What do PIPA and SOPA constitute for personal freedom?

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A presentation exploring the legislations of SOPA and PIPA and their effect on personal freedom.

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  • P
  • They are two legislations in the US house of representatives that
  • Target copyright and piracy laws.
  • They will implement harsh penalties as a punishment for infringement of the acts.
  • They are supported by corporations such as Disney etc..
  • On the other hand, there are major online companies which are against the legislations such as Facebook and Wikipedia.
  • Why is it wanted? Well, according to Professor Clay Shirky (who studies the affects of the internet on society) says “The 20th century was a great time to be a media company because the thing you had on your side was scarcity. Technologies moved on, as technologies do. Towards the end of the 20th century that scarcity slowly eroded. When new tools came along it turned out we also like to produce, and we like to share. This freaked the old media industries out.’
  • In the 20th Century, the effects theory suggested that The media, implemented a message, which the masses consumed.
  • But, In today’s media society, it could be suggested that the media and the masses have just as much production as each other, because of the internet.
  • It could be suggested that the old media want to regain the control of the masses they had in the 20th Century.
  • The Chicago school of regulation suggests that we are regulated by Law, Social norms, the Market, and Architecture. Through the growth of the internet we now have the architecture allowing us the ability to download, file share, interact and copy. We are also accustom to a market where we do not pay for content. And finally it has become a social norm to download, file share, interact and copy. This has resulted in the American government attempting to use Law to prevent this from happening.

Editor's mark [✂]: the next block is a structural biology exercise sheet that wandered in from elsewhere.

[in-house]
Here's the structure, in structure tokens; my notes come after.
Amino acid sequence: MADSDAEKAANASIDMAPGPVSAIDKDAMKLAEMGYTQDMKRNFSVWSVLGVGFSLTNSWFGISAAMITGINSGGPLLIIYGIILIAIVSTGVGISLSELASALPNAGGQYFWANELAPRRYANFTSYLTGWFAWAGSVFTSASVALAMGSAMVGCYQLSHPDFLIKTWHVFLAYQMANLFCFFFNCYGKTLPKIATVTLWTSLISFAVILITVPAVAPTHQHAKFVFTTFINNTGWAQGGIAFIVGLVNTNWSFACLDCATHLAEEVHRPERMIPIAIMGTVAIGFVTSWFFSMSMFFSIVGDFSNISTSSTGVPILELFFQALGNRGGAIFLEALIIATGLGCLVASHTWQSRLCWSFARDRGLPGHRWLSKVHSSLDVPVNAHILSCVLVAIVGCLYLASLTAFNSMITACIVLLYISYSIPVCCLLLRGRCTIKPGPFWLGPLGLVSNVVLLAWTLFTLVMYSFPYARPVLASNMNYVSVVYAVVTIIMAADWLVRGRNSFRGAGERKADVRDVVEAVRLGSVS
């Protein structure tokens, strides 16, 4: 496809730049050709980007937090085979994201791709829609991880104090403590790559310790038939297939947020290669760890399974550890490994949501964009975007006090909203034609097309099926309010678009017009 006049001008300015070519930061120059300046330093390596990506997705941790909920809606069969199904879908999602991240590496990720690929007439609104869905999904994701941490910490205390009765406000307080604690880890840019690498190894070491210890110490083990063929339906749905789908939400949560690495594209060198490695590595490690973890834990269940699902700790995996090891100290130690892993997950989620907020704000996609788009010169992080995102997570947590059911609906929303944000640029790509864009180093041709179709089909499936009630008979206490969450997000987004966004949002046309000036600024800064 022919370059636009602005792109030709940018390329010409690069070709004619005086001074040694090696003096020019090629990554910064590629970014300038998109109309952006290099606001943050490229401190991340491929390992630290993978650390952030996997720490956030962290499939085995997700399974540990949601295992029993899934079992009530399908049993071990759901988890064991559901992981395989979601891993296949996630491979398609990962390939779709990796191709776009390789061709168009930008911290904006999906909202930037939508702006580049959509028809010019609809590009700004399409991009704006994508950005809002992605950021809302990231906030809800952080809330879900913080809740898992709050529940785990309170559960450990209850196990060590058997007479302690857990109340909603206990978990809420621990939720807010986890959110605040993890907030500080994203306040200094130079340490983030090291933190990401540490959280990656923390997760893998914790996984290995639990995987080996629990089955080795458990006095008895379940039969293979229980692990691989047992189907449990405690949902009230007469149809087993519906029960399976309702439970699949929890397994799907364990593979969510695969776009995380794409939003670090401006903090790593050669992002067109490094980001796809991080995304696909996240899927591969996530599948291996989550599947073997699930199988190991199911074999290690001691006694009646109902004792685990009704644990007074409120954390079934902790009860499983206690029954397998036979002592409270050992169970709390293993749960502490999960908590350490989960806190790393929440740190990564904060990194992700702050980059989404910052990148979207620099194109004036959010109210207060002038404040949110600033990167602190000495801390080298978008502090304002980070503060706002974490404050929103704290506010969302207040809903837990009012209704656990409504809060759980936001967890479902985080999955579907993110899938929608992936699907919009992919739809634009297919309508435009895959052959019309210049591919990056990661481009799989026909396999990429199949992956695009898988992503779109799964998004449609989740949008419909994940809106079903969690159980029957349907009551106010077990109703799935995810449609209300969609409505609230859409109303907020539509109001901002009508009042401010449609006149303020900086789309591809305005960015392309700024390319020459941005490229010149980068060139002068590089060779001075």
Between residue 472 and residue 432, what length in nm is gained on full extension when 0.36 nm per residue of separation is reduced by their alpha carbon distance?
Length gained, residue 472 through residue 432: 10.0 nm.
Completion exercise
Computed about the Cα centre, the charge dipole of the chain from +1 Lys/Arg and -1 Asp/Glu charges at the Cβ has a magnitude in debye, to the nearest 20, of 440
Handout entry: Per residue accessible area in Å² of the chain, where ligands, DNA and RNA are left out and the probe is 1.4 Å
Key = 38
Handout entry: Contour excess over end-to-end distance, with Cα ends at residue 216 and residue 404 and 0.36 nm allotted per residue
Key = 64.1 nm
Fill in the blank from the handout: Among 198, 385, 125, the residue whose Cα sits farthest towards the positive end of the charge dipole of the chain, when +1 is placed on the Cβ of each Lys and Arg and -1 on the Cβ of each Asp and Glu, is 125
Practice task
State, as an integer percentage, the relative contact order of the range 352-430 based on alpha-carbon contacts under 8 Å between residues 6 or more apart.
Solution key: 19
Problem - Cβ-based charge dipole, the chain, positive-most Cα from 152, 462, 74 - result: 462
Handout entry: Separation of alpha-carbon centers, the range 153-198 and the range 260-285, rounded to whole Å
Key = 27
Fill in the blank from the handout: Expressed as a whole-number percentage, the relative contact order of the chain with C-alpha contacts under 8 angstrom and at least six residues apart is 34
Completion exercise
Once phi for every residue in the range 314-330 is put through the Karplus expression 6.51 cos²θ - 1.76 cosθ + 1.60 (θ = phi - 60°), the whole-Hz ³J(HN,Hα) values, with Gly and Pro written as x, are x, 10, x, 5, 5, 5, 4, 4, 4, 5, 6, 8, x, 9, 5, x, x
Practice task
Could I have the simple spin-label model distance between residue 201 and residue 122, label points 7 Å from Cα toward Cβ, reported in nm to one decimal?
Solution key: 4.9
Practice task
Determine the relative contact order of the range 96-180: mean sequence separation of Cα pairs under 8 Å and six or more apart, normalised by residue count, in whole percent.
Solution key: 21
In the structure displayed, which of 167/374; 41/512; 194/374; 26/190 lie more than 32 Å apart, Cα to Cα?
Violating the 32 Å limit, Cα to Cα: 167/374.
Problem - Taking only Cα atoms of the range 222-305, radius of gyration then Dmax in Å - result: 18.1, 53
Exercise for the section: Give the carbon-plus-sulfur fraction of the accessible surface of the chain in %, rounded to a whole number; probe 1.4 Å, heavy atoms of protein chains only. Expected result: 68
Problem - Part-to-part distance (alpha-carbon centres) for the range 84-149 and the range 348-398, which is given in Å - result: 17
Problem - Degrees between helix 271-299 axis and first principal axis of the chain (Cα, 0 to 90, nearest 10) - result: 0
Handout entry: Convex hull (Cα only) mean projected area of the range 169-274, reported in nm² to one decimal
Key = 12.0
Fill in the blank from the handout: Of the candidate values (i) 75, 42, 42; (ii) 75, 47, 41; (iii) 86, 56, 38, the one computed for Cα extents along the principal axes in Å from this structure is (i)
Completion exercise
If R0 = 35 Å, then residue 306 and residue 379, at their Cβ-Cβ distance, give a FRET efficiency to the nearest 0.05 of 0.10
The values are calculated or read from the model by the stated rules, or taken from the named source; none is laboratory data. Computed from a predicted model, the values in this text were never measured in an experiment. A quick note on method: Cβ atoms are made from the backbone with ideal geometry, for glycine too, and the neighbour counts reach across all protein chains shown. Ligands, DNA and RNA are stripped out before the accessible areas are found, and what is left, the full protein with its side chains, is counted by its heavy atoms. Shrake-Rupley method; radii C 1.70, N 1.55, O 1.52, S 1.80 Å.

• So what does this constitute for personal freedom?
  • Well the Imperialism theories suggest that America has ‘dominance of some nations over others’ and ‘imposes their cultural values on other nations.’
  • Herbert Schiller said that ‘sum of the processes by which a society is brought into the modern world system, and how its dominating stratum is attracted, pressured, forced, and sometimes bribed into shaping social institutions to correspond to, or even to promote, the values and structures of the dominant center of the system.’ He used the example of a Coca-Cola advert tune ‘I’d like to teach the world to sing, in perfect harmony / I’d like to buy you all a coke, to keep it company.’ He would perhaps suggest that these legislations are a strategy for the American government to inflict its nations ideologies across the internet and the world.
  • In contrast to this, the Liberal account of History may suggest that our technology has been developing towards the liberal free. They say that the people in control are an enemy of media freedom, therefore by introducing these legislations our media freedom would be reduced.
  • Creator of the world wide webb, sir timberners-lee gave his creation away to the world for free. This was his belief as part of the Hippy and counter culture of the 1960’s. The internet is a communication medium which allows for the first time the communication of many to many. In chosen time, on a global scale. (media and society) The internet is above all else, a cultural creation.
  • Well the Technological determinist point of view may suggest that the innovation in technology drives social change and change in media practices. Since the web has been so much a part of our lives the technology has changed our culture. It has also changed the way many of the media industries do things. For example, newspapers give content away for free online and musicians are releasing ‘pay as much as you like songs’. Recently most people, especially the younger generation now expect content for free, especially online. It has become part of our social normality not to pay for things. This innovation in technology has completely altered the way we live our lives.